How to write a caption: 9 steps (with pictures)

How to write a caption: 9 steps (with pictures)
How to write a caption: 9 steps (with pictures)

Captions for tables, figures and images give the reader the context in which the object they are observing fits. It is therefore important to write a good caption for each table, figure and image that you will include in your text.


Part 1 of 2: write the legend

Write a Caption Step 1

Step 1. Be descriptive

This first rule is the most important. Being specific, explain to the reader what is happening in the picture or figure. Why exactly did you include this image? The reader should be able to answer this question after reading your caption.

For example, if you included the image of a field in a biology essay, your caption should describe why that field is important to your discussion

Write a Caption Step 2

Step 2. If you are describing a table or graph, talk about variables

What does each side of the histogram represent? Your reader should get enough information from the legend below the subject line, the legend items next to the graph, and the graph itself to be able to understand its meaning without reading the content of the article.

Write a Caption Step 3

Step 3. Don't be humorous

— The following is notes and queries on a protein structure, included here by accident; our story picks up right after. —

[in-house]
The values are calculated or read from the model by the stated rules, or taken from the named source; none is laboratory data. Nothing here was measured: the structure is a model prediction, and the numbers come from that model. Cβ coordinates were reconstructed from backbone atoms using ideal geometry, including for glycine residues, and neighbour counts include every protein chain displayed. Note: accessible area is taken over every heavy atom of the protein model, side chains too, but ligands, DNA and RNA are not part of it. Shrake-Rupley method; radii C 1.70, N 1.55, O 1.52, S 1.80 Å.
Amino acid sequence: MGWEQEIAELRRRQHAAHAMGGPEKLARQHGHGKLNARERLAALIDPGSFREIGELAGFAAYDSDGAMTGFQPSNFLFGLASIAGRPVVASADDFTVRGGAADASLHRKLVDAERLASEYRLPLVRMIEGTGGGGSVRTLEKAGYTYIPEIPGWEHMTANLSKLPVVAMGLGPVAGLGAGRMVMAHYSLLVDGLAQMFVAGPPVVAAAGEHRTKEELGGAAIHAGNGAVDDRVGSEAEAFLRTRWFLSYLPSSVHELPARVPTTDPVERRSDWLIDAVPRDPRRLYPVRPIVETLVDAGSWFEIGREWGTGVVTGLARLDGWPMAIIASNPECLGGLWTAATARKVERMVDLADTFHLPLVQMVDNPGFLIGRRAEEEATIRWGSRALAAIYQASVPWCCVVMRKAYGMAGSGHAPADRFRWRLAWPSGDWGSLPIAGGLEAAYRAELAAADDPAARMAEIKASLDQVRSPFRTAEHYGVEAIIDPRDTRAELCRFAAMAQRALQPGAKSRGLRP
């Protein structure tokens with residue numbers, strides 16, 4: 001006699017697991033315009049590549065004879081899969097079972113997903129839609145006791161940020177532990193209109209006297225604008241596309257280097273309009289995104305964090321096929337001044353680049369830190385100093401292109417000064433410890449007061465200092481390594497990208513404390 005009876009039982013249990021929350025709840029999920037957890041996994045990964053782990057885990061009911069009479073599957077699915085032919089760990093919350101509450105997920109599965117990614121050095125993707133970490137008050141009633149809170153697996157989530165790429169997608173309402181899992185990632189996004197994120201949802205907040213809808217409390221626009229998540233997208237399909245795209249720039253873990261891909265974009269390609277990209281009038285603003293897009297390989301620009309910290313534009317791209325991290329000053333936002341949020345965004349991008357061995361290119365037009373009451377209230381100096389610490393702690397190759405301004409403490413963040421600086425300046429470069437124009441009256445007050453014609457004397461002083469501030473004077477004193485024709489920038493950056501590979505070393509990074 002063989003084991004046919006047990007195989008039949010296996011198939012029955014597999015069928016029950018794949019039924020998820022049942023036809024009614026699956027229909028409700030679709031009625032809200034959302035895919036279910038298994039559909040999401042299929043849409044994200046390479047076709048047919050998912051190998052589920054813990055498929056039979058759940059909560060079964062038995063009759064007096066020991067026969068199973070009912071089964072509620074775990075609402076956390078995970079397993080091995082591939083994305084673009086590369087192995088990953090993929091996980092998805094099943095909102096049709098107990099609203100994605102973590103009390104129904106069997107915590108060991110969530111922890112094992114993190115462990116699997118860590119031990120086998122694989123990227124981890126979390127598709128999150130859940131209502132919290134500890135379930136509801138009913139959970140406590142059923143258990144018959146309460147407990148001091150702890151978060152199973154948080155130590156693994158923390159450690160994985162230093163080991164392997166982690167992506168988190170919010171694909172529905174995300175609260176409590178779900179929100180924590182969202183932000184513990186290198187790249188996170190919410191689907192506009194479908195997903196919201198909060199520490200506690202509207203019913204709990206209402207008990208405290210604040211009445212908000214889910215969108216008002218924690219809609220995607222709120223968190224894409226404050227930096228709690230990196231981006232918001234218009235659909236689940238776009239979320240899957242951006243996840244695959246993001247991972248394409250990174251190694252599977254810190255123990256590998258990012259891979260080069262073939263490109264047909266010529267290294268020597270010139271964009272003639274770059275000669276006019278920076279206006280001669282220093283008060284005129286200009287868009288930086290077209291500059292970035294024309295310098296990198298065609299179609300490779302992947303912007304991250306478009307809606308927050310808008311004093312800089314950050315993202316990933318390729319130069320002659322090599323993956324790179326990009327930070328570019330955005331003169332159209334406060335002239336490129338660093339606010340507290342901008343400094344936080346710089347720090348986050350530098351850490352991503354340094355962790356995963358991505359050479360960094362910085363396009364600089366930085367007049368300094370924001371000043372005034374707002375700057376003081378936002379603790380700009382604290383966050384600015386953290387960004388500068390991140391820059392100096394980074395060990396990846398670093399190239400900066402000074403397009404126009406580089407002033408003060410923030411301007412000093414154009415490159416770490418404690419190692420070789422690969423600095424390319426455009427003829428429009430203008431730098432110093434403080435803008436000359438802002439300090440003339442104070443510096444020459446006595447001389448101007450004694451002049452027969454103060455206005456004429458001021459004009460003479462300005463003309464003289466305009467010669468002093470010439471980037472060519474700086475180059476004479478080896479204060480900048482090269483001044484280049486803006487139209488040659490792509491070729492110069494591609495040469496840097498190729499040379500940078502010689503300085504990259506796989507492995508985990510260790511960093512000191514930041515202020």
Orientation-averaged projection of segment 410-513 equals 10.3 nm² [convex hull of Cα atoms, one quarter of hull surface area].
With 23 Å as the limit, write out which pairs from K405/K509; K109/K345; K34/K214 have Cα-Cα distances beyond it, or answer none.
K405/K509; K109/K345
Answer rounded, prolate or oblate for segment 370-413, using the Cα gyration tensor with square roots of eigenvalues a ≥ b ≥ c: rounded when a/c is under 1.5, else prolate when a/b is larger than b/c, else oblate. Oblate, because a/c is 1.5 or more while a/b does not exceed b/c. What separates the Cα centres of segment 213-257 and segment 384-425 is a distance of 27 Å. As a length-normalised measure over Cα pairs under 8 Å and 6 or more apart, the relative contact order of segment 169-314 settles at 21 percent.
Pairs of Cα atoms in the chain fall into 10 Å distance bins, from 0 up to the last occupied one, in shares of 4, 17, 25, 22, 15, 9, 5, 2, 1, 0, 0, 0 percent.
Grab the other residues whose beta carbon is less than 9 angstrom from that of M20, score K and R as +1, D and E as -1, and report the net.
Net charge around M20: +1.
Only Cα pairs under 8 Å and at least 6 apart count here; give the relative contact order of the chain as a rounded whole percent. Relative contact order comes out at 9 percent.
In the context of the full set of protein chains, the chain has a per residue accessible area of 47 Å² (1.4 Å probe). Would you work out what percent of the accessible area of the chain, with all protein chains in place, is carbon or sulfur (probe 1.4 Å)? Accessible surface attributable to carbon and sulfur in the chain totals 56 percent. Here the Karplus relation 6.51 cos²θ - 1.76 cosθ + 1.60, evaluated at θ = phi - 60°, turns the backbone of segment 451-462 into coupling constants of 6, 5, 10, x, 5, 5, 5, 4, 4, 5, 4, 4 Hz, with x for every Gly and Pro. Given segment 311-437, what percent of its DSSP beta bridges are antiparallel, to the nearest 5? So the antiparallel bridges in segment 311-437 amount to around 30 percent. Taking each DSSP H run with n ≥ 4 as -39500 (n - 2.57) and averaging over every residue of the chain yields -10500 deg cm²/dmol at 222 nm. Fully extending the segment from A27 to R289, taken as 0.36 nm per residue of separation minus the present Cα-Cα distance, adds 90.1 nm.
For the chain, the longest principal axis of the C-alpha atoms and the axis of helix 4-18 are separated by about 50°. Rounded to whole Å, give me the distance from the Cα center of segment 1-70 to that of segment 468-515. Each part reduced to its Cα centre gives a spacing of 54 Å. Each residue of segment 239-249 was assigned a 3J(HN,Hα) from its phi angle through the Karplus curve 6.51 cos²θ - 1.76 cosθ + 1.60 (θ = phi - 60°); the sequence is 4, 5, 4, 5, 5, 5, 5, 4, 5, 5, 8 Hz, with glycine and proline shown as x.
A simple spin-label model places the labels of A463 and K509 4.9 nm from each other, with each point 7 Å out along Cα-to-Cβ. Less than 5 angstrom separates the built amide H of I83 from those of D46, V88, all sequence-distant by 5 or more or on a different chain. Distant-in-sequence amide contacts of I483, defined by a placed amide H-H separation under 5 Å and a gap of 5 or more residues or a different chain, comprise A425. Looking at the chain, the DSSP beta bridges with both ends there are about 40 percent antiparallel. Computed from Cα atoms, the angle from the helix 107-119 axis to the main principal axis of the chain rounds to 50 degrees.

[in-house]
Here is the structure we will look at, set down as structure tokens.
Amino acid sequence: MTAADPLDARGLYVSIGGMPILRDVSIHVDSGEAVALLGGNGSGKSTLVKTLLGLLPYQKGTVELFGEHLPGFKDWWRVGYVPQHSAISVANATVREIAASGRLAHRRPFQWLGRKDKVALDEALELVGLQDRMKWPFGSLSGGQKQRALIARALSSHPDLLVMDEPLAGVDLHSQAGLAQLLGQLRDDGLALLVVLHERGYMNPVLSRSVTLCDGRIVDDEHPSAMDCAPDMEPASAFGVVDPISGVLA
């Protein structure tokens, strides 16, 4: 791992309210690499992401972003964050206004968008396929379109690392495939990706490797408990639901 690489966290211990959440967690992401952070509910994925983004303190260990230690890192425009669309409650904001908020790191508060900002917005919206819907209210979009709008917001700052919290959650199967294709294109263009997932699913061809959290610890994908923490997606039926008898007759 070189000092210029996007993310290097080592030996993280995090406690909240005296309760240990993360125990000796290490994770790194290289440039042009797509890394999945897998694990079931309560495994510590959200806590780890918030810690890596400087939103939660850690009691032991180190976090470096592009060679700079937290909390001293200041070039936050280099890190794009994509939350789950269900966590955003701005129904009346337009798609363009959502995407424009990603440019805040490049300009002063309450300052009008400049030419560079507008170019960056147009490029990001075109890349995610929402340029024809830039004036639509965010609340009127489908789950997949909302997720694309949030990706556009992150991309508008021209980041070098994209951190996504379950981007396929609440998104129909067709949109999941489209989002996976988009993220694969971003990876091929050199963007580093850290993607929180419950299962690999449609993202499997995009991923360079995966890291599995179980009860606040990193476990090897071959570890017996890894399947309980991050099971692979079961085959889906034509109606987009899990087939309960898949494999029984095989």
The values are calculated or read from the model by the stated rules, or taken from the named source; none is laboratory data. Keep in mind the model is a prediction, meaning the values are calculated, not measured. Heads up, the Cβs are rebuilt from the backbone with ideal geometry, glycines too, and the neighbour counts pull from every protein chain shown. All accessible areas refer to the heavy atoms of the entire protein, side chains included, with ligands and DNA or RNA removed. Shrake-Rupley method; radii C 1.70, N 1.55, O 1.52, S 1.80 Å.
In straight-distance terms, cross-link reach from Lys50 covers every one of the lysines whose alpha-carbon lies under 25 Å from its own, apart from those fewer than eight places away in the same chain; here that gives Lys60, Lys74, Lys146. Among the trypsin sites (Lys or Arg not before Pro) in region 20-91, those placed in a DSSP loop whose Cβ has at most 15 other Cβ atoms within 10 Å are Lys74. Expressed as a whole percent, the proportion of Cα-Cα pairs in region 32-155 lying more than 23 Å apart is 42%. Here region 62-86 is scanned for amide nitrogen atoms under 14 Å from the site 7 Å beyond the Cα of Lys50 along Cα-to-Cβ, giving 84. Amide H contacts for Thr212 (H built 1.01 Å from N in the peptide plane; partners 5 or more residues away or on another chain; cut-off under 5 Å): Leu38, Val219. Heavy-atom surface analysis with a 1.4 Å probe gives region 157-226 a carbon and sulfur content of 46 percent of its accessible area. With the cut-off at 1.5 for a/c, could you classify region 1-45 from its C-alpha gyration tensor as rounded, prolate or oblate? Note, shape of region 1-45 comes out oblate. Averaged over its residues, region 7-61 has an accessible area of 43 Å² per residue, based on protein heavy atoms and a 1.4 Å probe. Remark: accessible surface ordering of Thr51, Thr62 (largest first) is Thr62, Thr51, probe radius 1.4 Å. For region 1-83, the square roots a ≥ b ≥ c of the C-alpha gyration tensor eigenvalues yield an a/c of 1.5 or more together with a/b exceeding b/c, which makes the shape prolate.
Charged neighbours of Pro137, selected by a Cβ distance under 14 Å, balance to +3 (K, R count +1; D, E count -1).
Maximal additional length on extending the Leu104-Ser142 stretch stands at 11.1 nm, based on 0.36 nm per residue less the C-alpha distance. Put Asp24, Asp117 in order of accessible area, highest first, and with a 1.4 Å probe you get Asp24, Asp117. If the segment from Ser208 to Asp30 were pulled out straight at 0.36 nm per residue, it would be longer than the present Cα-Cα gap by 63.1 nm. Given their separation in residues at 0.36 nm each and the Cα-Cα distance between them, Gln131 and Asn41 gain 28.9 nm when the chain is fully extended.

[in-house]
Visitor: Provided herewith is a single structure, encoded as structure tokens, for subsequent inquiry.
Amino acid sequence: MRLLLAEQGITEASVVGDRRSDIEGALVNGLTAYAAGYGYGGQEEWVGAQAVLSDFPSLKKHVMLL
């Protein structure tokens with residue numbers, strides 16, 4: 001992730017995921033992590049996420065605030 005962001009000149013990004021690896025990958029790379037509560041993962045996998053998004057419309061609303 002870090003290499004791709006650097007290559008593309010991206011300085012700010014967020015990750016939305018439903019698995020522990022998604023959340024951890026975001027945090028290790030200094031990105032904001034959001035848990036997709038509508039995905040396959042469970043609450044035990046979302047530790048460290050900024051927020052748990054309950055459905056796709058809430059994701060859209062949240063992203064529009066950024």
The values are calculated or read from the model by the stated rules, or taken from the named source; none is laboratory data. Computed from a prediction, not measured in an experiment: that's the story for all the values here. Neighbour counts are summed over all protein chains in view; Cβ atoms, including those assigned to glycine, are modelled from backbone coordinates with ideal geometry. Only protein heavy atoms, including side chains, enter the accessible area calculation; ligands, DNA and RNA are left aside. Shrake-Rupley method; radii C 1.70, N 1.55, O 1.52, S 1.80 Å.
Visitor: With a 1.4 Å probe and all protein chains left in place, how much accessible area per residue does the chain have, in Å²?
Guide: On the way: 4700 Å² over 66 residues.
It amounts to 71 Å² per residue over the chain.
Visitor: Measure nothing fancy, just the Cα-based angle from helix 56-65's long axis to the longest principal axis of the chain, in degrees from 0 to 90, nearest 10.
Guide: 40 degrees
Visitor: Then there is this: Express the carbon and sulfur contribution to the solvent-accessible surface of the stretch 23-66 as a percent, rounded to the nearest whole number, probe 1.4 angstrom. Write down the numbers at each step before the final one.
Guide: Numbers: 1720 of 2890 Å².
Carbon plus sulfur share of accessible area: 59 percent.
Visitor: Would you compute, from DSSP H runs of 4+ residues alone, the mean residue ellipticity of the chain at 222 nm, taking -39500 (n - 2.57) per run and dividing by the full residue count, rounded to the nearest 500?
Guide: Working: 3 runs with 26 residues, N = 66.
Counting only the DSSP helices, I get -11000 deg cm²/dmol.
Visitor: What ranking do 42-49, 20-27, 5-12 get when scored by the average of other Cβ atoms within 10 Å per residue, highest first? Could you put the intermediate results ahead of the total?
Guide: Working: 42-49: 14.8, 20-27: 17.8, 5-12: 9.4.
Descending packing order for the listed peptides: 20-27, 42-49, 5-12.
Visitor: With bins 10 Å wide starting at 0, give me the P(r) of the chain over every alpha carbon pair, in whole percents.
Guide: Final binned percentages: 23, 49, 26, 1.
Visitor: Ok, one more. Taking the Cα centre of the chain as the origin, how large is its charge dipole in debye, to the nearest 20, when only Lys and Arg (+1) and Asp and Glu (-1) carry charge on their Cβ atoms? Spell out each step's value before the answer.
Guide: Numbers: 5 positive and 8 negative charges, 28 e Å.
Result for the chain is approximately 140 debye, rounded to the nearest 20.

Unless you are writing humorous paper that includes cartoons, captions should generally be kept serious and concise.

Write a Caption Step 4

Step 4. Be concise

Your caption should be no more than one paragraph long, and in reality, one sentence should be enough, at most. In fact, captions don't even have to be full sentences. For a photo, you can even write something shorter than a sentence, for example: "Stephanie on the Ferris wheel".

Write a Caption Step 5

Step 5. Remove anything that is not strictly necessary

For example, the caption above might read, "Stephanie waving her hand on the green Ferris wheel," but the additional information is not necessary for the reader to understand what is happening in the photo.

Part 2 of 2: Include sources of information

Write a Caption Step 6

Step 1. Cite your source

You will need to do this below the graph or below the table if these are from elsewhere. The way will depend on the style guidelines you need to follow. Below is how to cite sources in different formats.

Write a Caption Step 7

Step 2. Cite using the MLA citation style

This is the Modern Language Association organization. Example: “From Daniel Danger, I Didn't Hear Your Arrival, (New York Museum of Modern Art, 2009) 36. Printed plaque."

Note: You must place the caption before the start of the source (“From…”)

Write a Caption Step 8

Step 3. Cite in APA style

In English, it gives American Psychological Association. Example: “Note (caption). Reproduction of I Didn't Hear Your Arrival (p. 36), Daniel Danger, 2009, New York Museum of Modern Art, 2009. Copyright 2011 by University Press. Reproduced with permission from the author."

Write a Caption Step 9

Step 4. Cite Chicago style

Example: "Source: Daniel Danger, I Didn't Hear Your Arrival, New York Museum of Modern Art, 2009, 36."

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